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Ceci n'est pas une autoroute: Paris bans pre-1997 cars in city center

It's only on the weekdays, and it sadly includes classic cars, but it could go a long way in reducing Paris' pollution problem.

Eiffel Tower, Pont des Invalides and Seine River bank in Paris at night seen from Pont Alexandre III.
Wieslawa Hoummada#150876, Getty Images

If there's one city that's attempted more than any other to figure out how to rid its city center of pollution, it's Paris. The French capital has looked into multiple solutions, most of which involve removing certain cars from the road on certain days, based on license plates and other factors. Starting this summer, it's going with a more heavy-handed approach.

Le Monde reports that, as of July 1, Paris will ban vehicles registered before 1997 from the city center on weekdays. Motorcycles registered before 2000 will also fall under this new rule. Eventually, Paris plans to have a system in place whereby no vehicle more than 10 years old will be on Paris' streets, whether it's weekdays or weekends.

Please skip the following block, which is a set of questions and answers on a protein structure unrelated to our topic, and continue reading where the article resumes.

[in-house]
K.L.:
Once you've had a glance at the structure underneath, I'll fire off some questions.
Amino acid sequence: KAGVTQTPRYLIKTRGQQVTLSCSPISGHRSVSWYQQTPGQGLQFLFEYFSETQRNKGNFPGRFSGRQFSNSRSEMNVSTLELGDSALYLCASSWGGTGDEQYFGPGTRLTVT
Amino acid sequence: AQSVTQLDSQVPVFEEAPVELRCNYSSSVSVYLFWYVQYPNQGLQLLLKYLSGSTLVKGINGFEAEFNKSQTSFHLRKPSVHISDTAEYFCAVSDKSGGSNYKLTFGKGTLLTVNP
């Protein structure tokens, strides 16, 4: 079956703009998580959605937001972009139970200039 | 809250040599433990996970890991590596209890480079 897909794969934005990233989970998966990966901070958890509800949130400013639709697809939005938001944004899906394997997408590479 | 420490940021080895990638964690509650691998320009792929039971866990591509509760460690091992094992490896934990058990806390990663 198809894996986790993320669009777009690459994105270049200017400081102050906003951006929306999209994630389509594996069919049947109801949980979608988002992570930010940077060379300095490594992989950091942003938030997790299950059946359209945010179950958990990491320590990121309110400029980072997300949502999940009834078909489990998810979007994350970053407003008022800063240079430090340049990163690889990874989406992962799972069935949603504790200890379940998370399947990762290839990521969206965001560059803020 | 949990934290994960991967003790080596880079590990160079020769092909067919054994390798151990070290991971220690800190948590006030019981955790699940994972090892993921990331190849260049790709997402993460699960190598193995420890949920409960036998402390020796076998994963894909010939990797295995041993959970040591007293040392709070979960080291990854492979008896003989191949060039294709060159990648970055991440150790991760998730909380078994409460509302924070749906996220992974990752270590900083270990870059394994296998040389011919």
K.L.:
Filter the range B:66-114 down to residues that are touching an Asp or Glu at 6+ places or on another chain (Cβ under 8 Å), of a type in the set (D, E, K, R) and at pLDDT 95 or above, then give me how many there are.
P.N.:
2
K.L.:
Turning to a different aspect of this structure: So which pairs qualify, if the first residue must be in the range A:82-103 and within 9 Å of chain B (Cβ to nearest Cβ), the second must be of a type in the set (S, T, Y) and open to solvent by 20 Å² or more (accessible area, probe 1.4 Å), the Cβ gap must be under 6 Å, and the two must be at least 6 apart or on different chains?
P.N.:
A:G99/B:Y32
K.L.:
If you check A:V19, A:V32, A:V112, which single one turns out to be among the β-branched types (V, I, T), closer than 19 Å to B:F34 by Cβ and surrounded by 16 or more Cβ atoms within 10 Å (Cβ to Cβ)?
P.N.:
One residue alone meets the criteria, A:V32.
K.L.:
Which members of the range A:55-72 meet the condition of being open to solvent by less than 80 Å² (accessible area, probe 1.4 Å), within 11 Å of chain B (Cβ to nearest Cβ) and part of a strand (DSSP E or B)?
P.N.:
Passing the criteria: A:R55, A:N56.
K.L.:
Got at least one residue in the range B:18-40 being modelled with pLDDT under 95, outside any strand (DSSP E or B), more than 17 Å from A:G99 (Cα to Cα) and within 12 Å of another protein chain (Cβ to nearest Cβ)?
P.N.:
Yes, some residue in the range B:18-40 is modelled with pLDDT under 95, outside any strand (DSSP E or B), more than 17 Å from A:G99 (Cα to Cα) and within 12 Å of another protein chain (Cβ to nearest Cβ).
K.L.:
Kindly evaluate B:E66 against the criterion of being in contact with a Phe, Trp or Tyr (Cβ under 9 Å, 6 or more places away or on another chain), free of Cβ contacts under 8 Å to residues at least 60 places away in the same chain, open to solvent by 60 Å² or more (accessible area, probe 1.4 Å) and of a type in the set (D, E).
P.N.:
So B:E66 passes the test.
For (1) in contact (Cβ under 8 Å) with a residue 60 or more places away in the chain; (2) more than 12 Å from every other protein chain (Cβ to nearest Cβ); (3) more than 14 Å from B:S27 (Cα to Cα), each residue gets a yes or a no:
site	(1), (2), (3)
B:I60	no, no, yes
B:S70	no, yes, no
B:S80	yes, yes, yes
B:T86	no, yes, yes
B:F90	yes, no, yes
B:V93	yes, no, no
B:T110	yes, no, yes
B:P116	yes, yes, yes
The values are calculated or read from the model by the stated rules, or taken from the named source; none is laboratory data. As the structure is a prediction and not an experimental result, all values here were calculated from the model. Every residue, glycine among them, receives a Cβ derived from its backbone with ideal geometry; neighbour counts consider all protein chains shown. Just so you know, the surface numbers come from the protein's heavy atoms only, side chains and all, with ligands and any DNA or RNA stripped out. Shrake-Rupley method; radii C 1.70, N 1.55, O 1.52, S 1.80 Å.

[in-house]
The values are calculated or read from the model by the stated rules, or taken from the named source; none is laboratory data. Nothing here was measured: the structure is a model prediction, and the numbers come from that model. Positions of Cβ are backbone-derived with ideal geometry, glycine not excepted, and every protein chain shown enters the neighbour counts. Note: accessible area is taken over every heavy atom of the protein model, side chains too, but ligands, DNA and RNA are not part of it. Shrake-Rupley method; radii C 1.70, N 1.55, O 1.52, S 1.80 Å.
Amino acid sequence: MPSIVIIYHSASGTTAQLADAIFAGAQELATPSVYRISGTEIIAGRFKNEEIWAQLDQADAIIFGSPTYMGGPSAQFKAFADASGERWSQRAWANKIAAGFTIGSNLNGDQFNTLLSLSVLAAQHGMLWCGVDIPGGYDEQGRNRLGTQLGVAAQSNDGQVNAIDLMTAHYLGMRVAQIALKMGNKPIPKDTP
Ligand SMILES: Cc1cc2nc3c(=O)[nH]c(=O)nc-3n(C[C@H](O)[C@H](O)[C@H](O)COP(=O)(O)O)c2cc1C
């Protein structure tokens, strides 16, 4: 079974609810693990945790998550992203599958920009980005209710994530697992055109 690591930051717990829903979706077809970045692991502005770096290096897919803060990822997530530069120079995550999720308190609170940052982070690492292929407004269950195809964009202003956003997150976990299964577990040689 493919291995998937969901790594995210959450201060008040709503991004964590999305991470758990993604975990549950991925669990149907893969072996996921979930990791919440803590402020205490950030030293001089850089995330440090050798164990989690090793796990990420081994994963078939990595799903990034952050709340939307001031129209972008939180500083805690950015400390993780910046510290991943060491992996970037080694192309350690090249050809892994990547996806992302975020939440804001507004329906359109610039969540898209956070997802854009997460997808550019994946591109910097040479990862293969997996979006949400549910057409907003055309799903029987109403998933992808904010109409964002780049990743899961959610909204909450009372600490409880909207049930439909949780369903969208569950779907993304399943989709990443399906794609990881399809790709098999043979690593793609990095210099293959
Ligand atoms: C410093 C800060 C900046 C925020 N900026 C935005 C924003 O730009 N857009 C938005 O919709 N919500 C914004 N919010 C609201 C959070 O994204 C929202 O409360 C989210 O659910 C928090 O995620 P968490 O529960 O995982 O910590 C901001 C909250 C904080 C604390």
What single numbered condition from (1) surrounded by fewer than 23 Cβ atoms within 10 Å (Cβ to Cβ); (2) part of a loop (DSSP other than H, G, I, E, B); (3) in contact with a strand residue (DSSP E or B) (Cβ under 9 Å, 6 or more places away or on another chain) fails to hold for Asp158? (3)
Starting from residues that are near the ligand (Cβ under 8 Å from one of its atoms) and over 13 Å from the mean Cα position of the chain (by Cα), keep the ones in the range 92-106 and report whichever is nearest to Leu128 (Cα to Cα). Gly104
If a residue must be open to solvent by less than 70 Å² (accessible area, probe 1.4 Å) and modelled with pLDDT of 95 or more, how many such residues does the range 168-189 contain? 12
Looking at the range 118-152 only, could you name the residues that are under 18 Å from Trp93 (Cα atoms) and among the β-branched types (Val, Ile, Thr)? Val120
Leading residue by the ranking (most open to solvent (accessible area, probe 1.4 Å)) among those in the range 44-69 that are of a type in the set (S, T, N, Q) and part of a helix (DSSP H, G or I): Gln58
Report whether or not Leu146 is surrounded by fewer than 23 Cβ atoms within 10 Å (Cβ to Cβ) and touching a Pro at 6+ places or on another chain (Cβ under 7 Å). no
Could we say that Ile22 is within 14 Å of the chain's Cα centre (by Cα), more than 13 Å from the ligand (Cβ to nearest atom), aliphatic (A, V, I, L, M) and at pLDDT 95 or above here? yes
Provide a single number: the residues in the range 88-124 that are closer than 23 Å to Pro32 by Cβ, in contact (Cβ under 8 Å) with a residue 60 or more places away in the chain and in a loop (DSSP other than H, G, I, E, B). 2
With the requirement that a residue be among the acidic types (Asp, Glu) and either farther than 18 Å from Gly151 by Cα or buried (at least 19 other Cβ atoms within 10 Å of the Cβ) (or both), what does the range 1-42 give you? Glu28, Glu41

In order to keep track of which vehicles are polluting the most, Parisian vehicles will fall under one of six different classifications, depending on their effect on the environment. The hope is that, one day, only the cleanest vehicles will be allowed to traverse the city. Le Monde points out that this graduated system is put in place to limit the pushback from residents and create a more measured adaption to the eventual end result.

Of course, considering Paris' plan puts hydrogen and electric cars in the premier classification, it's fairly clear that the city government only cares about tailpipe emissions and the effect on Paris' air quality. If it were using a "well-to-wheel" measurement, whereby emissions are measured in a way that includes manufacturing methods, the system would likely change radically.

Perhaps the saddest bit of news is that historic cars are not exempt from this ruling, meaning that the Citroën 2CV you're picturing in your head right now won't be rolling through downtown Paris any time soon. There's also the consideration of classism, given that citizens that cannot afford anything newer likely own many of Paris' pre-1997 cars. Suffice it to say, there's loads of nuance that isn't necessarily being addressed.

But something needs to happen, no matter what. Paris' air pollution is some of the worst in Europe, and while banning diesels has already been brought up, clearly it's not enough to keep the creeping smog from consuming what is otherwise a very nice (and historic, mind you) skyline.